When it comes to test prep tutoring, it’s important to consider the specific requirements of students with ADHD (Attention-Deficit/Hyperactivity Disorder) and students with autism. These neurodevelopmental conditions present both unique strengths and distinct challenges that must be addressed to optimize students’ learning experience and improve test performance.
Ultimately, tutoring for each student will differ – ADHD and autism are different for everyone. So, I spend time learning about how each student thinks and processes information and develops strategies from there. However, there are some general ideas that I keep in mind for students with ADHD and autism.
Working with Students with ADHD
Students with ADHD are often very creative. They create unique connections between topics and develop all sorts of different approaches to a problem or concept. With each student, I learn their creative and cognitive styles and try to present content and strategies in ways that complement the patterns and connections the student creates.
Testing Strategies for Students with ADHD
- Use the student’s curiosity to make the test more interesting.
- Search for “tricks” in the test (“How is the test trying to trick me?”)
- Do the problem types that you like the most first.
- Complete the section in “waves” or in a specified pattern instead of completing the questions in order.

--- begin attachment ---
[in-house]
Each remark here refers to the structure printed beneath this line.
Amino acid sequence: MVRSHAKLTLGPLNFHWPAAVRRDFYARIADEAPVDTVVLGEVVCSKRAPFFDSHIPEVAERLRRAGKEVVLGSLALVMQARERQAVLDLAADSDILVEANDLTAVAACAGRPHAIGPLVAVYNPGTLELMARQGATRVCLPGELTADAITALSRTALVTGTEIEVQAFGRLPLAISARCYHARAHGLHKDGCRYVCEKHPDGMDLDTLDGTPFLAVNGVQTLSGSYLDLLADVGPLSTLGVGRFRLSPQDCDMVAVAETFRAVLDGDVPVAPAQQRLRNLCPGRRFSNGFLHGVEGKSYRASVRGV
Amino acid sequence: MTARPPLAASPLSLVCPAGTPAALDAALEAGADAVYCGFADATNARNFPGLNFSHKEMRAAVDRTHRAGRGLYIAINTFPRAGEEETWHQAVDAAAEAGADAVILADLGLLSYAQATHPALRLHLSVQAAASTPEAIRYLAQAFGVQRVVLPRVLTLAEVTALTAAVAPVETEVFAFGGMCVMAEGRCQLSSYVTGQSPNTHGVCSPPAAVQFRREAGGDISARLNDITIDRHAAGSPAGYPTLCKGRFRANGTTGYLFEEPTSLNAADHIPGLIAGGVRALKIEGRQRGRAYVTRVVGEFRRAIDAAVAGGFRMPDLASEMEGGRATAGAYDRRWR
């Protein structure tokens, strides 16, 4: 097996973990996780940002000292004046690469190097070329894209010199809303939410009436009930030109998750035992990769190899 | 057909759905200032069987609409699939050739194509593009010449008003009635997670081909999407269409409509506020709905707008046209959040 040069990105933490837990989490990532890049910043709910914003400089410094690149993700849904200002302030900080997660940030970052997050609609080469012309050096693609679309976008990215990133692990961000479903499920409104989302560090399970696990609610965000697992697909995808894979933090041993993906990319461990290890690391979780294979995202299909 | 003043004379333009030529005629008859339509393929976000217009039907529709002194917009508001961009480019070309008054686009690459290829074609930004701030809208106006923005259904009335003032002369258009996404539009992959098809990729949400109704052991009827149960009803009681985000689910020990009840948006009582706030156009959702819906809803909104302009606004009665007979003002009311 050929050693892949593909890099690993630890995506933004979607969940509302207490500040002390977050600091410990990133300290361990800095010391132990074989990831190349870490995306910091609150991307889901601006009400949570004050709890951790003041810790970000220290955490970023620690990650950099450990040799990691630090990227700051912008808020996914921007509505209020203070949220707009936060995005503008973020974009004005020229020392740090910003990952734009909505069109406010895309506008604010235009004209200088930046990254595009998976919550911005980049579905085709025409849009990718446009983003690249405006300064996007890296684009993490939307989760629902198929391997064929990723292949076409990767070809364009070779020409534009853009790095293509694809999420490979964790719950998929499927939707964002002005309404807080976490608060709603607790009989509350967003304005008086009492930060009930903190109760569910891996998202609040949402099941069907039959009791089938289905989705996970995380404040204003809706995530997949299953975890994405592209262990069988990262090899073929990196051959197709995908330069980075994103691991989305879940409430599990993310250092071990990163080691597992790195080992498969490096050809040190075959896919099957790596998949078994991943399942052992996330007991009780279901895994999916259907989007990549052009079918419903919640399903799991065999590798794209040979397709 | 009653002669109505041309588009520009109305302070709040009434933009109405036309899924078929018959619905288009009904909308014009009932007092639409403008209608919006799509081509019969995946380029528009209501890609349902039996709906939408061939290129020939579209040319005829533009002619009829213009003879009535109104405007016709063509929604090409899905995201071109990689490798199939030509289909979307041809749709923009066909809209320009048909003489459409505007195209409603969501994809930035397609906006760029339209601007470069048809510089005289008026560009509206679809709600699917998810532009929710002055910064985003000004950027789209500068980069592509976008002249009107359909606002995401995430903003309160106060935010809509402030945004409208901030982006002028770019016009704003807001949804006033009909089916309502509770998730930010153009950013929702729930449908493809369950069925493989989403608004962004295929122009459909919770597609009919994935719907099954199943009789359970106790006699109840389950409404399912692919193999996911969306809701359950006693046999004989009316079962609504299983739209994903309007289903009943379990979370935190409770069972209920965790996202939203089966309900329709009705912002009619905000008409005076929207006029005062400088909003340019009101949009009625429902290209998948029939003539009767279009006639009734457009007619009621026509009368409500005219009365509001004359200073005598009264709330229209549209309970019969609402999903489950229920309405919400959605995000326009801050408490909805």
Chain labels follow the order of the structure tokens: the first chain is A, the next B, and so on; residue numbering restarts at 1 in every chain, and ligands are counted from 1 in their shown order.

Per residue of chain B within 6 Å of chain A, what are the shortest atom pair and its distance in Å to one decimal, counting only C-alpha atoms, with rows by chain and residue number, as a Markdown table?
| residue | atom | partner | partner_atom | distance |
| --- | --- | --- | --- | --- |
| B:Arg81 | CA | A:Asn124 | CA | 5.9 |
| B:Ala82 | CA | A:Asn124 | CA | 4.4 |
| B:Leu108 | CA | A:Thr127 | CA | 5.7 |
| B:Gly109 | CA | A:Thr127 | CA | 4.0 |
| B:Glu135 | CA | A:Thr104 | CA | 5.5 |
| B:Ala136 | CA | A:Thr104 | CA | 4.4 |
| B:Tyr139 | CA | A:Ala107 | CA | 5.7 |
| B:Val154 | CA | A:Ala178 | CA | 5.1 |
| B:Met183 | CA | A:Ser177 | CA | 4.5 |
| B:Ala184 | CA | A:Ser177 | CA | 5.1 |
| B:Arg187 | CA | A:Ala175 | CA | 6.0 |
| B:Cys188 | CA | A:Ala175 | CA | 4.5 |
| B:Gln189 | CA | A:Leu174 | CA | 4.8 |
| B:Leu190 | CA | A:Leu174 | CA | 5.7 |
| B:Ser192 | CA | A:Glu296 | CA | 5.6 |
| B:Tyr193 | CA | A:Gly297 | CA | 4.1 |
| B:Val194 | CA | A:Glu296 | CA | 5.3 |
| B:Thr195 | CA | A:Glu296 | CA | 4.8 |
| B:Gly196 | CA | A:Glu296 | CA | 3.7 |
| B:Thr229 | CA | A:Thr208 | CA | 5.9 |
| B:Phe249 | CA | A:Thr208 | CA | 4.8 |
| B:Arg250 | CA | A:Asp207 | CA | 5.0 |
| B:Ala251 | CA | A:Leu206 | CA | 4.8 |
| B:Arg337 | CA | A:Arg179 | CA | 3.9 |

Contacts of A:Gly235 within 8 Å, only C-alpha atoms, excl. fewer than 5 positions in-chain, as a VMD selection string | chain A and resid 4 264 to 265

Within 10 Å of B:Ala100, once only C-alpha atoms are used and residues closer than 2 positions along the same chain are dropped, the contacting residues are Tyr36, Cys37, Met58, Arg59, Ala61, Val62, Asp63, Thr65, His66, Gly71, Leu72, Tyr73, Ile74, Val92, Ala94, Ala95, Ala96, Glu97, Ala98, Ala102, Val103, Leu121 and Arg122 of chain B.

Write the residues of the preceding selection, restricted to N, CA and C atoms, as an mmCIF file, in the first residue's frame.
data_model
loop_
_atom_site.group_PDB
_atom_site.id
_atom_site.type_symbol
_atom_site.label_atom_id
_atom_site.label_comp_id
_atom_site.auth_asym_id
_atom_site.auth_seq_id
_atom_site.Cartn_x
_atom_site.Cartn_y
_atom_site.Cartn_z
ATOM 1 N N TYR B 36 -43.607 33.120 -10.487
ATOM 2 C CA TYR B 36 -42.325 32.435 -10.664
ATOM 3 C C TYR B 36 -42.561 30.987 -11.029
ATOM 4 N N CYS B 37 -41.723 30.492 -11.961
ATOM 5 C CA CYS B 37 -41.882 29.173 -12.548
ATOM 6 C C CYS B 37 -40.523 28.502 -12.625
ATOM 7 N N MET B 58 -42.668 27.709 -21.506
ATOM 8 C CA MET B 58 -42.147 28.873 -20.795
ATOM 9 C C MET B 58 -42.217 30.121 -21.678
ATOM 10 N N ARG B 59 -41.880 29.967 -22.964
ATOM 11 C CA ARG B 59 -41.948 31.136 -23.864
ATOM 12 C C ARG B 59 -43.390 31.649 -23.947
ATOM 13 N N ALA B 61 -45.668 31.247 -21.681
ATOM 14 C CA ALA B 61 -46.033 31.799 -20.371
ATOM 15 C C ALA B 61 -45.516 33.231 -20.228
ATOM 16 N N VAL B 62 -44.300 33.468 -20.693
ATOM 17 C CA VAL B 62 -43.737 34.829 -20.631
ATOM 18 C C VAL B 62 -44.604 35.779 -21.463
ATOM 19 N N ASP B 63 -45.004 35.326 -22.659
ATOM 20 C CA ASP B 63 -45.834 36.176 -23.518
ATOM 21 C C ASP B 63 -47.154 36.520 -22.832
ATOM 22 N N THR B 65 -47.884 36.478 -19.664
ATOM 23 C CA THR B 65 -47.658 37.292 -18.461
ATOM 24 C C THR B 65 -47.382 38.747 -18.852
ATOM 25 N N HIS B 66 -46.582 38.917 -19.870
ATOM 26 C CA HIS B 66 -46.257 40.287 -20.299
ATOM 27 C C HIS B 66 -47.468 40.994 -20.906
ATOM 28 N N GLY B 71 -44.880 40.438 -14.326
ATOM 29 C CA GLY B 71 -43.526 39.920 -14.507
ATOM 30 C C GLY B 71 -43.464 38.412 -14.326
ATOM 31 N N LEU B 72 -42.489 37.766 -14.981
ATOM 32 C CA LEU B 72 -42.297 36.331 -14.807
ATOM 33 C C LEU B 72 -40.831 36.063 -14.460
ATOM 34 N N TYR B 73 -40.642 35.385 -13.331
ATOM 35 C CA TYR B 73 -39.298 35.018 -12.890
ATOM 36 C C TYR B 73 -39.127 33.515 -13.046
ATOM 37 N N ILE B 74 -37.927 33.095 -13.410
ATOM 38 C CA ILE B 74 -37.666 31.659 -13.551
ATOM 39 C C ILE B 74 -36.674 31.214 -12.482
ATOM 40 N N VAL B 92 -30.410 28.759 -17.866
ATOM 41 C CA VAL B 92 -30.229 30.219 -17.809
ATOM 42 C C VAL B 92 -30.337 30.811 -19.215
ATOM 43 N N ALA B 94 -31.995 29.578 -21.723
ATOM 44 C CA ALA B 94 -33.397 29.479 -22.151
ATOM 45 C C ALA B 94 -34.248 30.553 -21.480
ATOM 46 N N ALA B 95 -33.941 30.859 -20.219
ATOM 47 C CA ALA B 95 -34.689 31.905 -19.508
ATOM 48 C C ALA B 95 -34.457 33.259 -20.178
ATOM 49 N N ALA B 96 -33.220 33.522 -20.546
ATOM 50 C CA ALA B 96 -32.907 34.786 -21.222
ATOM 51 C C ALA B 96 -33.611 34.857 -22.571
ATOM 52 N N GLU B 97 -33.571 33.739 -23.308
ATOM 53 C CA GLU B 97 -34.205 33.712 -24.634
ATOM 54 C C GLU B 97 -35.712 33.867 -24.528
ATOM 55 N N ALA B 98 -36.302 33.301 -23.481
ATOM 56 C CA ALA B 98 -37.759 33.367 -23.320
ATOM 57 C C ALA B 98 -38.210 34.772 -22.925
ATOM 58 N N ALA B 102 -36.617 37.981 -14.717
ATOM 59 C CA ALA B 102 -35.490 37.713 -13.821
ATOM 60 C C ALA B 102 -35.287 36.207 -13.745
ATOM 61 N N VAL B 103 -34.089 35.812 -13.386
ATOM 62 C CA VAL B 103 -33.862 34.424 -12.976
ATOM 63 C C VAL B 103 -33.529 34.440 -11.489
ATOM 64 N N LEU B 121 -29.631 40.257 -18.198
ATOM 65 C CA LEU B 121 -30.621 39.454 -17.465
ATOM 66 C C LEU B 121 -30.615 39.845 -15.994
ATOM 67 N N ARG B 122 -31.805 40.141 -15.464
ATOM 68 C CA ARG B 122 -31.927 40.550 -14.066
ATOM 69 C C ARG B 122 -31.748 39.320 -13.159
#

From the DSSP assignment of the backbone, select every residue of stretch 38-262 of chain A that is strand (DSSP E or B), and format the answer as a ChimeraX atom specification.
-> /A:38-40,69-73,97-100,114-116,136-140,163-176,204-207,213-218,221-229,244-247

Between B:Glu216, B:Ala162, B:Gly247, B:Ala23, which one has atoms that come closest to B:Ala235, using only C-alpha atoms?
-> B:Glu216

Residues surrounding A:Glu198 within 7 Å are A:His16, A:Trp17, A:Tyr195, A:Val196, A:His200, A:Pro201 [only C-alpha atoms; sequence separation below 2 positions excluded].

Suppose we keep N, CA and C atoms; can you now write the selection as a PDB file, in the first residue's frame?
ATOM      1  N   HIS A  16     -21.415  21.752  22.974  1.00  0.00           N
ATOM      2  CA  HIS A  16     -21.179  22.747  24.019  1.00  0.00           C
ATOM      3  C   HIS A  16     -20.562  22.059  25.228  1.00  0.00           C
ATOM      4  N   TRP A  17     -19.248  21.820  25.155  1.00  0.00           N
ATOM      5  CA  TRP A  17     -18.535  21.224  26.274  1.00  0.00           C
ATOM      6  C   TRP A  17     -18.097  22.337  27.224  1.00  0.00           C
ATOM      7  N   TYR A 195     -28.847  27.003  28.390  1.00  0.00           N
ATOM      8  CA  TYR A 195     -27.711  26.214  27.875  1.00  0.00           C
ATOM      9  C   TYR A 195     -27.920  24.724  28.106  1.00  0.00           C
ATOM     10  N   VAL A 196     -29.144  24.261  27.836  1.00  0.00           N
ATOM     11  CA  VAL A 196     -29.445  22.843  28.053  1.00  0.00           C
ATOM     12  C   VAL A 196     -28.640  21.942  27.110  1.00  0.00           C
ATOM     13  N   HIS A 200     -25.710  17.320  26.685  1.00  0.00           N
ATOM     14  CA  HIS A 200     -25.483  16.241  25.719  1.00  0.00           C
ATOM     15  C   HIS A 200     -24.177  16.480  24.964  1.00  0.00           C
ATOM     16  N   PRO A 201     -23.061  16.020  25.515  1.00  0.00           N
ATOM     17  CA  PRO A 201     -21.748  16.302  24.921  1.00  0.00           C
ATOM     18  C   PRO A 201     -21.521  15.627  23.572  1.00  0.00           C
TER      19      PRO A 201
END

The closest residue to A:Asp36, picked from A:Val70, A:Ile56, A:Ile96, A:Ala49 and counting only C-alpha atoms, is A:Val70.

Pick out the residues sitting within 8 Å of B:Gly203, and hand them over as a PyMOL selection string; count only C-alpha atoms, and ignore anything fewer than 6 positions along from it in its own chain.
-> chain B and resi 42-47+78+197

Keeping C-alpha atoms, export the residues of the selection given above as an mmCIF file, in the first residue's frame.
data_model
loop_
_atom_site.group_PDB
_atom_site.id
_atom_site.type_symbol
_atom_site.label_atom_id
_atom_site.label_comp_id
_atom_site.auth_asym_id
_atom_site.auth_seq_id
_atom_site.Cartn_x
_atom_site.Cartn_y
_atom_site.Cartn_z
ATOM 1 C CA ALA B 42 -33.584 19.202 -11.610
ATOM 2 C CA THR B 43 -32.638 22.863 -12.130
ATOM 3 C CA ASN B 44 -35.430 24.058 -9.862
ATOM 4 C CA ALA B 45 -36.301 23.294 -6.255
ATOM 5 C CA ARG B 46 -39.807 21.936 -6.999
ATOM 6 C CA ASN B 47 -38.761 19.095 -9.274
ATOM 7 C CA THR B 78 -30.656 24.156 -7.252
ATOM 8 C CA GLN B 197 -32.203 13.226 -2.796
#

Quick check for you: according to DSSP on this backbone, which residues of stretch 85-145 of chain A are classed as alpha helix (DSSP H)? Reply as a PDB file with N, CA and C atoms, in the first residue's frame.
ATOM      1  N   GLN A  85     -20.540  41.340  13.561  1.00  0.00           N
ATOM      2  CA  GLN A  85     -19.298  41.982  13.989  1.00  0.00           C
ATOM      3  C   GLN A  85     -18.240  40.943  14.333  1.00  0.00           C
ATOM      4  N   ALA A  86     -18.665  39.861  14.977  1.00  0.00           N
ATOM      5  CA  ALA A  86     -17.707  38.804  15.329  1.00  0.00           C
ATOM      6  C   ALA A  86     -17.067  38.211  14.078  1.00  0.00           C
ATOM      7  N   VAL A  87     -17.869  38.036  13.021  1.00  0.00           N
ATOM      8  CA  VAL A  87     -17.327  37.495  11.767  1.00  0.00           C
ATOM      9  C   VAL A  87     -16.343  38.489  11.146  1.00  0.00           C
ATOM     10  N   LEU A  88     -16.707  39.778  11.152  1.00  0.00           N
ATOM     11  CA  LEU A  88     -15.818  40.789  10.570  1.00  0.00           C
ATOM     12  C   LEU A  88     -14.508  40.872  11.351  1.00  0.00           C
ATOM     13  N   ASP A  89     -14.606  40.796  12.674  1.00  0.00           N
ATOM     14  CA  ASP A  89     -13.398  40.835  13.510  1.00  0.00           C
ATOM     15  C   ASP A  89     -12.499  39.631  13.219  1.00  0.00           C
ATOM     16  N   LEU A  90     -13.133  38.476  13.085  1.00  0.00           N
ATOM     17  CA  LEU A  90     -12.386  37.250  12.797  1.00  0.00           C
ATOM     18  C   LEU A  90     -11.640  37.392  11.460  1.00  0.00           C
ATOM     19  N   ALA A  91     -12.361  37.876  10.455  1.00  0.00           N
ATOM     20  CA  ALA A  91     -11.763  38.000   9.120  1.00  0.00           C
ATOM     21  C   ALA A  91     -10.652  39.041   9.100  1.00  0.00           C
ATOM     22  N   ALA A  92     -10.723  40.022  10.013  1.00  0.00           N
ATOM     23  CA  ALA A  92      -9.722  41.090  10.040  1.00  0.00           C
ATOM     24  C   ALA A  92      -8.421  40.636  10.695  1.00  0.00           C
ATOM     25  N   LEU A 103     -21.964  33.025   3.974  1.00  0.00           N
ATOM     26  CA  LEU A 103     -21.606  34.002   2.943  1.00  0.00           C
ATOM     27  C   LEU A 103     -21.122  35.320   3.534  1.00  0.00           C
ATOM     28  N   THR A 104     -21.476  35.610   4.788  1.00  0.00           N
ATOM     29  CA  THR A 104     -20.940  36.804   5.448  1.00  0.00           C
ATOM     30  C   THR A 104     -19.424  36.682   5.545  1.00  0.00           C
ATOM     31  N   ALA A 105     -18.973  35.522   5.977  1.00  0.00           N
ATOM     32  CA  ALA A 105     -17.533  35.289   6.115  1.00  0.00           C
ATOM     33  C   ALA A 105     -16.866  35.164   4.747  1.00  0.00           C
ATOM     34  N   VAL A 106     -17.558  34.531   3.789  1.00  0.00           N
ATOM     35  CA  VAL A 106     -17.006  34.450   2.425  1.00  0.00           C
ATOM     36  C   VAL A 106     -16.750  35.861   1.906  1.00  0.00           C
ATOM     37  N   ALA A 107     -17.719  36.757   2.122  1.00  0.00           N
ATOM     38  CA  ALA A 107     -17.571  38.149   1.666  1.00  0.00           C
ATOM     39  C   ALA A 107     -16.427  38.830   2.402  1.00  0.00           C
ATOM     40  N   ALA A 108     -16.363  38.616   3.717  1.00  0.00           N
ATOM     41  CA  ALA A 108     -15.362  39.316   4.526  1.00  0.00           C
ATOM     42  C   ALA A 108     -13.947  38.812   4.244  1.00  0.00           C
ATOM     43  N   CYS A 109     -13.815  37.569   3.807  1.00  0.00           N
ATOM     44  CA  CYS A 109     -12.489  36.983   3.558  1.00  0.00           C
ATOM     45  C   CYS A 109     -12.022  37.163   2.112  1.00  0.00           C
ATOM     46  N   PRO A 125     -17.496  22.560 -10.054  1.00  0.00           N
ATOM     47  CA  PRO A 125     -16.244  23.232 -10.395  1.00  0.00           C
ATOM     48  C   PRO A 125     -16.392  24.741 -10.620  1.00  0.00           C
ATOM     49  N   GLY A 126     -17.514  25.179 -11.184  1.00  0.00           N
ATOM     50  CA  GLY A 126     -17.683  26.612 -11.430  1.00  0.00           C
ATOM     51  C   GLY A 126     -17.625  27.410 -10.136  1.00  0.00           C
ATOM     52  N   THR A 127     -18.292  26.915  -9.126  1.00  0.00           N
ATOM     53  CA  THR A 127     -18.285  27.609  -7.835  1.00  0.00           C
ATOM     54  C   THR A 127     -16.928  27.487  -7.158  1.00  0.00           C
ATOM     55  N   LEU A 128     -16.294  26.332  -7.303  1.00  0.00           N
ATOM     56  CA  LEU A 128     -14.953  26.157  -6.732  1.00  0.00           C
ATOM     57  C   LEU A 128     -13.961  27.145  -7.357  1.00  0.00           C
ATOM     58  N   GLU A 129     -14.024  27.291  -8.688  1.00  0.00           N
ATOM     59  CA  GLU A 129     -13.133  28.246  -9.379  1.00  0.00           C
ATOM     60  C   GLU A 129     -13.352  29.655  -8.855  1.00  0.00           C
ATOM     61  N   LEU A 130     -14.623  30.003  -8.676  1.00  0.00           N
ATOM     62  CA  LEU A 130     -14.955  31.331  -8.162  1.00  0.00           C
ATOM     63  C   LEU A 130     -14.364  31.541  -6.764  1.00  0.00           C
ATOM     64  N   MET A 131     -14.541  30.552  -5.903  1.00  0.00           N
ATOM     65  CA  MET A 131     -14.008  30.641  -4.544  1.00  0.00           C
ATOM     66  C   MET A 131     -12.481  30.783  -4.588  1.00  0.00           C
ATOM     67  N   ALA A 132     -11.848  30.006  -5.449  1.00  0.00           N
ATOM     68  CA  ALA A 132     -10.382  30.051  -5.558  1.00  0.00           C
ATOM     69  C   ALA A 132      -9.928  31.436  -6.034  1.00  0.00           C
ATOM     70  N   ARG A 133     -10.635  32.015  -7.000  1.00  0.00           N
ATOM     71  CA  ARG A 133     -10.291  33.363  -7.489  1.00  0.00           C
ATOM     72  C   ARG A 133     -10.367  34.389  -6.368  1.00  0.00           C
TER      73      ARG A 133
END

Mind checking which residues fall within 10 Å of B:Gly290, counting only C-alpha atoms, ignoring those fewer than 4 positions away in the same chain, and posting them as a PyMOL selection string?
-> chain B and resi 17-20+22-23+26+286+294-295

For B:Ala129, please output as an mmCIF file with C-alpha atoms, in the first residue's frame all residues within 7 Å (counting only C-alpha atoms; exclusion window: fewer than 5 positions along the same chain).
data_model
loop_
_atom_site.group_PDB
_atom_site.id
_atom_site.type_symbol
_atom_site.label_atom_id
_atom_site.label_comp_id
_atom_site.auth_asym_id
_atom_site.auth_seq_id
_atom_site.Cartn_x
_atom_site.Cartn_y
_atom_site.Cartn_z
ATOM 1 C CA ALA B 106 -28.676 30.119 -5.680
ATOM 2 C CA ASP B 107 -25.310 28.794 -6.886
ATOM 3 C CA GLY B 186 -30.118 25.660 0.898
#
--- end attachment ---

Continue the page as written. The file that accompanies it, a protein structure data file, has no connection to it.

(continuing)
- Chunk information in the reading sections
- Identify clues or cues in the test to tell us what to do and how to solve the questions quickly.
Tutoring Strategies for Students with ADHD
- Reduce the overall number of tasks.
- Present assignments and studying in ways that help prevent overwhelm.
- It’s important to identify how much homework is enough homework.
- Present goals for goal-oriented students
- Keep track of notecard accuracy every day and report back to me next week
- Create graphs for homework accuracy or practice test scores.
- Create games or self-competitive activities.
- Hands on / immersive learning
- Work at the white board together
- Have the student teach me how to solve problems.
- Encourage focus, don’t force it.
- I’d rather allow my student to space out or tell me an off-topic story for two minutes than force them back on topic. It’s easier to reel a student back in after the detour, otherwise I might lose the student’s focus as they’re thinking about the story I didn’t let them tell.
- Work on strategies for task initiation
- Homework, studying, even using a strategy on a test may be hard to start.
- Provide additional stimulation to maintain interest and engagement.
- I always allow movement during sessions.
- I sometimes even provide fidget toys (my favorite is acupressure rings)
Working with Students with Autism
Students with autism are very good at developing incredibly strong systems of logic. This article covers some of the different types of logical strengths that some autistic individuals possess. There are different types of logic that different individuals will excel at, so I spend some time learning my students’ unique logic styles and work to design strategies and sets of rules that fit into their own frameworks. It’s very important to fit the rules of the test into the student’s existing internal logic systems.